The question is not whether corporates should care about gender, but how they can do so effectively. In a multifaceted ecosystem of investors, nonprofits and public policy actors, what roles can corporates play to advance the gender agenda? Here are five key takeaways from the AVPN Virtual Conference.

First, understand the gendered effects of happenings around us, and take active steps to support impacted female employees. As schools and care facilities temporarily close due to COVID-19, women have to juggle increased care work alongside their full-time jobs. Dayoung Lee of Dalberg Advisors shared a sobering static: women in India do 10x more unpaid care work than men, and this has become worse during the COVID crisis. With movement restrictions, Julia Newton-Howes of Investing in Women reminded us that women may also be more financially dependent on their partners, putting vulnerable populations at greater risk of poverty and violence. This is playing out in many parts of Asia, with Singapore, Malaysia, Bangladesh and Australia seeing increases in domestic violence.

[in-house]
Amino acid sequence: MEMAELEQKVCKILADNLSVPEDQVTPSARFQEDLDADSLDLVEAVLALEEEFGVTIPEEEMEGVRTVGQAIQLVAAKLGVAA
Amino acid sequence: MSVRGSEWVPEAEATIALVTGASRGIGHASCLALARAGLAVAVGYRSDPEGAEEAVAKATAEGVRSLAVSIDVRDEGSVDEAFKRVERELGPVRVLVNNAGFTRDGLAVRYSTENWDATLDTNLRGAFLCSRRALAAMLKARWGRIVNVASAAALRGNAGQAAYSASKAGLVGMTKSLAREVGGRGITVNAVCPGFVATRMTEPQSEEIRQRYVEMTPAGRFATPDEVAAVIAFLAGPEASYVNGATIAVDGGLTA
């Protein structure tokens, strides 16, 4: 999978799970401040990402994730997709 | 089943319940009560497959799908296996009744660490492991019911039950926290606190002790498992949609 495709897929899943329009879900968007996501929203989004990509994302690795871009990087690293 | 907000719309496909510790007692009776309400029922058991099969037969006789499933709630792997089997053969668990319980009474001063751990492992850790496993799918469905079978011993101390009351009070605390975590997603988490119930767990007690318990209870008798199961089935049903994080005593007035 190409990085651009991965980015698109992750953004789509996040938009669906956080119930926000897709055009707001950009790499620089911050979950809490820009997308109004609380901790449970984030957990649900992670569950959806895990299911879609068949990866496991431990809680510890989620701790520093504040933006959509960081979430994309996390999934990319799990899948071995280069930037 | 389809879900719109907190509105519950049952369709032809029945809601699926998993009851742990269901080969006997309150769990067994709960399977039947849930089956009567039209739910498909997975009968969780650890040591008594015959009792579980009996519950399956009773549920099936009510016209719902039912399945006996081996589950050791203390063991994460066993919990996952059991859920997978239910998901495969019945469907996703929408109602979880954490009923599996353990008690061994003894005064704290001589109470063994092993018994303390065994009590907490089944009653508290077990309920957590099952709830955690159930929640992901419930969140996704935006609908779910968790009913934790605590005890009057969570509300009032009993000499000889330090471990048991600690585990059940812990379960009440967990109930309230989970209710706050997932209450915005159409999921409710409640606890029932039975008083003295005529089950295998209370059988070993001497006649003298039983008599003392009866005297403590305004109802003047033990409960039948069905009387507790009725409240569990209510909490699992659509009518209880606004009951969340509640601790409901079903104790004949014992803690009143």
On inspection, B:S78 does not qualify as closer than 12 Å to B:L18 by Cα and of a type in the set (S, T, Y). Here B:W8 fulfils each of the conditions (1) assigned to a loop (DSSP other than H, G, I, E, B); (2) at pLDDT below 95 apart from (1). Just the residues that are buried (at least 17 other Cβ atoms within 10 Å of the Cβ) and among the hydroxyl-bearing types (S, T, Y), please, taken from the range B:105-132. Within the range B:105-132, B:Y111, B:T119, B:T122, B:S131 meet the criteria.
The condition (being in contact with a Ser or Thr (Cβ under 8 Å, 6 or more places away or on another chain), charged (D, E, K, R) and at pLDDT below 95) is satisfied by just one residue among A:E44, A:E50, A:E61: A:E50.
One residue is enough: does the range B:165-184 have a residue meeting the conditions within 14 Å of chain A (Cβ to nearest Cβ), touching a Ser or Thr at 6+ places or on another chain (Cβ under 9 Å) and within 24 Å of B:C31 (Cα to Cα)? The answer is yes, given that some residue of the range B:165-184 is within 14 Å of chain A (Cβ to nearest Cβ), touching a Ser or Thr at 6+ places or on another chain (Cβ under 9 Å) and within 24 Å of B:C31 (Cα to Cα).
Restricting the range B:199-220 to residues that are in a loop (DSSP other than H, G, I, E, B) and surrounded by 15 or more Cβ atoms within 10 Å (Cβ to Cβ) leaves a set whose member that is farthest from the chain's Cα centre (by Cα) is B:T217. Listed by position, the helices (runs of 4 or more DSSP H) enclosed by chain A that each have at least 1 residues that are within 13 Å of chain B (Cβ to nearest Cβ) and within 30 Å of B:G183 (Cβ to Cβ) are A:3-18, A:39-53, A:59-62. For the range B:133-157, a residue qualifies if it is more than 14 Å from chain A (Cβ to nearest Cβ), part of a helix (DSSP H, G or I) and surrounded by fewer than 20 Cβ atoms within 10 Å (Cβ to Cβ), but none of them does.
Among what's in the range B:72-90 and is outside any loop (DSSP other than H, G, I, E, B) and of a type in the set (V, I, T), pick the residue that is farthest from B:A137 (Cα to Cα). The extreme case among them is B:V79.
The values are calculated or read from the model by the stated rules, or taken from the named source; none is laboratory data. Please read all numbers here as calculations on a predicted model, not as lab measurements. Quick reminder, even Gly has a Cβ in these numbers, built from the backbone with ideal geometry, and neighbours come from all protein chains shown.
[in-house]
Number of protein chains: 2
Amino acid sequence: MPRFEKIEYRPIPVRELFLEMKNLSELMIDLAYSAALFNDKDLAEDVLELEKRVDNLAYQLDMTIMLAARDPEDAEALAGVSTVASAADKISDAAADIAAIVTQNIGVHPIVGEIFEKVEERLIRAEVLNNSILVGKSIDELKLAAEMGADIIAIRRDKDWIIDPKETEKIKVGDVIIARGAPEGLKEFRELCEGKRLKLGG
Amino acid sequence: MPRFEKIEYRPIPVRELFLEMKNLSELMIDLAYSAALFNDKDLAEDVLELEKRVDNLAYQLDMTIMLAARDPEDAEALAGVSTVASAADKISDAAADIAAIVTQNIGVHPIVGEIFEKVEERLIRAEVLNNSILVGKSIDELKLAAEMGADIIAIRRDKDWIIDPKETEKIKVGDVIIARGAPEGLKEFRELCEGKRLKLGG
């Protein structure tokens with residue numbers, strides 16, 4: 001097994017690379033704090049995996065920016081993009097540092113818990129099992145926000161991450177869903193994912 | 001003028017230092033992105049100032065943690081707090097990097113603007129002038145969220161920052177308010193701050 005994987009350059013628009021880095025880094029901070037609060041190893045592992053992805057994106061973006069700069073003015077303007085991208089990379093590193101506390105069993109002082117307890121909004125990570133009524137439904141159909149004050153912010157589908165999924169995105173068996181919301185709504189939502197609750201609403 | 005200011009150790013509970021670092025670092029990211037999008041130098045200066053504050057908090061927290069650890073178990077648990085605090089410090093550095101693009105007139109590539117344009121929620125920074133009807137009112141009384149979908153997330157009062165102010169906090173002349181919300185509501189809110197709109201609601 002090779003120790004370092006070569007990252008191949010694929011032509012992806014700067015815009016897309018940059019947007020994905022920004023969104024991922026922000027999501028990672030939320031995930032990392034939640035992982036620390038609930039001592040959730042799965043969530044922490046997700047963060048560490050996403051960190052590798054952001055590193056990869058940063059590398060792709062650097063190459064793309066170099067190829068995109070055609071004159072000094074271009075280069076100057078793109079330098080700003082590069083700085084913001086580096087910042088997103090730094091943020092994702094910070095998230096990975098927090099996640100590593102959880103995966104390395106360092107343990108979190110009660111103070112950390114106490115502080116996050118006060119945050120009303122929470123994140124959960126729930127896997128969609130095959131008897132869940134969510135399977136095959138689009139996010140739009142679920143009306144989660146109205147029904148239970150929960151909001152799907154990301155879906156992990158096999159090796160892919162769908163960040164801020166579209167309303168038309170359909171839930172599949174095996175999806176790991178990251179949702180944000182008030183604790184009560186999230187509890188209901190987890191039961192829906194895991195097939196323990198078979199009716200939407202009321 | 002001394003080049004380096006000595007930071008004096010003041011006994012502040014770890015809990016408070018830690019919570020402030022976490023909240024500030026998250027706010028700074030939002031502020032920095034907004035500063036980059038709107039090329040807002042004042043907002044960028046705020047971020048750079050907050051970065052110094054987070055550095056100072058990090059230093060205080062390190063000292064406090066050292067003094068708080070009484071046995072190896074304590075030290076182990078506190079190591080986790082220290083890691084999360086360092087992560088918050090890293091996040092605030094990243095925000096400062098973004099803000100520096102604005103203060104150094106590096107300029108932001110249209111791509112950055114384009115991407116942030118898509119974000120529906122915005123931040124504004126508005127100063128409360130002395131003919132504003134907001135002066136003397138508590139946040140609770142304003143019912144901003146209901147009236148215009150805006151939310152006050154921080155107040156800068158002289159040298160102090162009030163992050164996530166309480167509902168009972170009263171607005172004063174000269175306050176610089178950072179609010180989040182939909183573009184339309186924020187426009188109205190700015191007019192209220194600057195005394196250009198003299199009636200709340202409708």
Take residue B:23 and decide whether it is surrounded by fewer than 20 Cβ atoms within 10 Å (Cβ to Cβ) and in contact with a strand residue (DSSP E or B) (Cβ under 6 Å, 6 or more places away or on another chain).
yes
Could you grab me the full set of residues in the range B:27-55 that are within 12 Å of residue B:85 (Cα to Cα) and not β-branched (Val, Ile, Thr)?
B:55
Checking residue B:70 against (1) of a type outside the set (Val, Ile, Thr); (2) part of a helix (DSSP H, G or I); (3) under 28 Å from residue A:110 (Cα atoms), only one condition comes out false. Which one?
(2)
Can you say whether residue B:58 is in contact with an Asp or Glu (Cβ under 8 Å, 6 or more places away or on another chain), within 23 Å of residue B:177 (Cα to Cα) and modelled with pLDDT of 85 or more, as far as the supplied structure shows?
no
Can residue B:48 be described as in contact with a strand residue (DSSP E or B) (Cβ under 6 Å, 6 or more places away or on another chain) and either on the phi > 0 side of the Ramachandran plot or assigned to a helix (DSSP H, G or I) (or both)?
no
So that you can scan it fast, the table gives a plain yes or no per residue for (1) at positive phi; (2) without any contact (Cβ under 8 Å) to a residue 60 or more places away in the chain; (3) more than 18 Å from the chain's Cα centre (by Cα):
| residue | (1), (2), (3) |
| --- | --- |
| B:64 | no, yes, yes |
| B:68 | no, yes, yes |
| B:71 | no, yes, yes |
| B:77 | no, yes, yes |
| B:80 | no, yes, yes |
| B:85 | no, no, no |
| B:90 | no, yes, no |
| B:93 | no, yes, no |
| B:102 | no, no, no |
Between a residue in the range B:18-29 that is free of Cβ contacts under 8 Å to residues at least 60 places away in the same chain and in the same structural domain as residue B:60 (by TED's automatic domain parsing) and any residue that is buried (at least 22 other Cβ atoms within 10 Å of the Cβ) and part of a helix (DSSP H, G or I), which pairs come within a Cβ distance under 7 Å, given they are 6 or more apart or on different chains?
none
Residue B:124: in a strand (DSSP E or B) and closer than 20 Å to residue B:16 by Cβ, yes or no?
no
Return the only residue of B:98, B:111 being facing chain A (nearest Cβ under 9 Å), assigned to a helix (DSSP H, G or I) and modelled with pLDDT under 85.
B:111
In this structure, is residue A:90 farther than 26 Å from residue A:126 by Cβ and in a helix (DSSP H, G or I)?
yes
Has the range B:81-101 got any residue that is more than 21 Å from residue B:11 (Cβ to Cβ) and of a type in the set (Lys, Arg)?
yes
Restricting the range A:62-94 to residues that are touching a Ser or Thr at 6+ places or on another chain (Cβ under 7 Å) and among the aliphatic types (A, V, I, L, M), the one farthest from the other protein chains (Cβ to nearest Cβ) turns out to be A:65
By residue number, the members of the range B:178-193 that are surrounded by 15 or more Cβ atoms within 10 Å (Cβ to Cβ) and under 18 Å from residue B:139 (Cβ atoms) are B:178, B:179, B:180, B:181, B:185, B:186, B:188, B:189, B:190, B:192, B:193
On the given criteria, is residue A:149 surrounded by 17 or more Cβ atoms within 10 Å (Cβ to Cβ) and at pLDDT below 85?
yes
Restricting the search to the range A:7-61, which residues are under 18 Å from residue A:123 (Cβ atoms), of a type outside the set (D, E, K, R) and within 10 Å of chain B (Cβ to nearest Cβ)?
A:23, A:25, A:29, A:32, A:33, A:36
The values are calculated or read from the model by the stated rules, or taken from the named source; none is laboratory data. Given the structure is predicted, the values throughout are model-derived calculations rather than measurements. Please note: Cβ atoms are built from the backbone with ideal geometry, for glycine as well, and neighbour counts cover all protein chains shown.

Corporates big and small employ over 95% of the workforce, and play a huge role in mitigating the gendered impacts of COVID-19. They should keep in mind that unpaid care work falls disproportionately on women, look into extending flexible work arrangements, and support appropriate childcare options. They can also direct employees to needed services, to help address the unintended impacts of stay-home measures. Shanta Vallury Gandhi of RBL Bank encouraged corporates to regard these as opportunities instead of costs, for happy and satisfied employees make productive employees.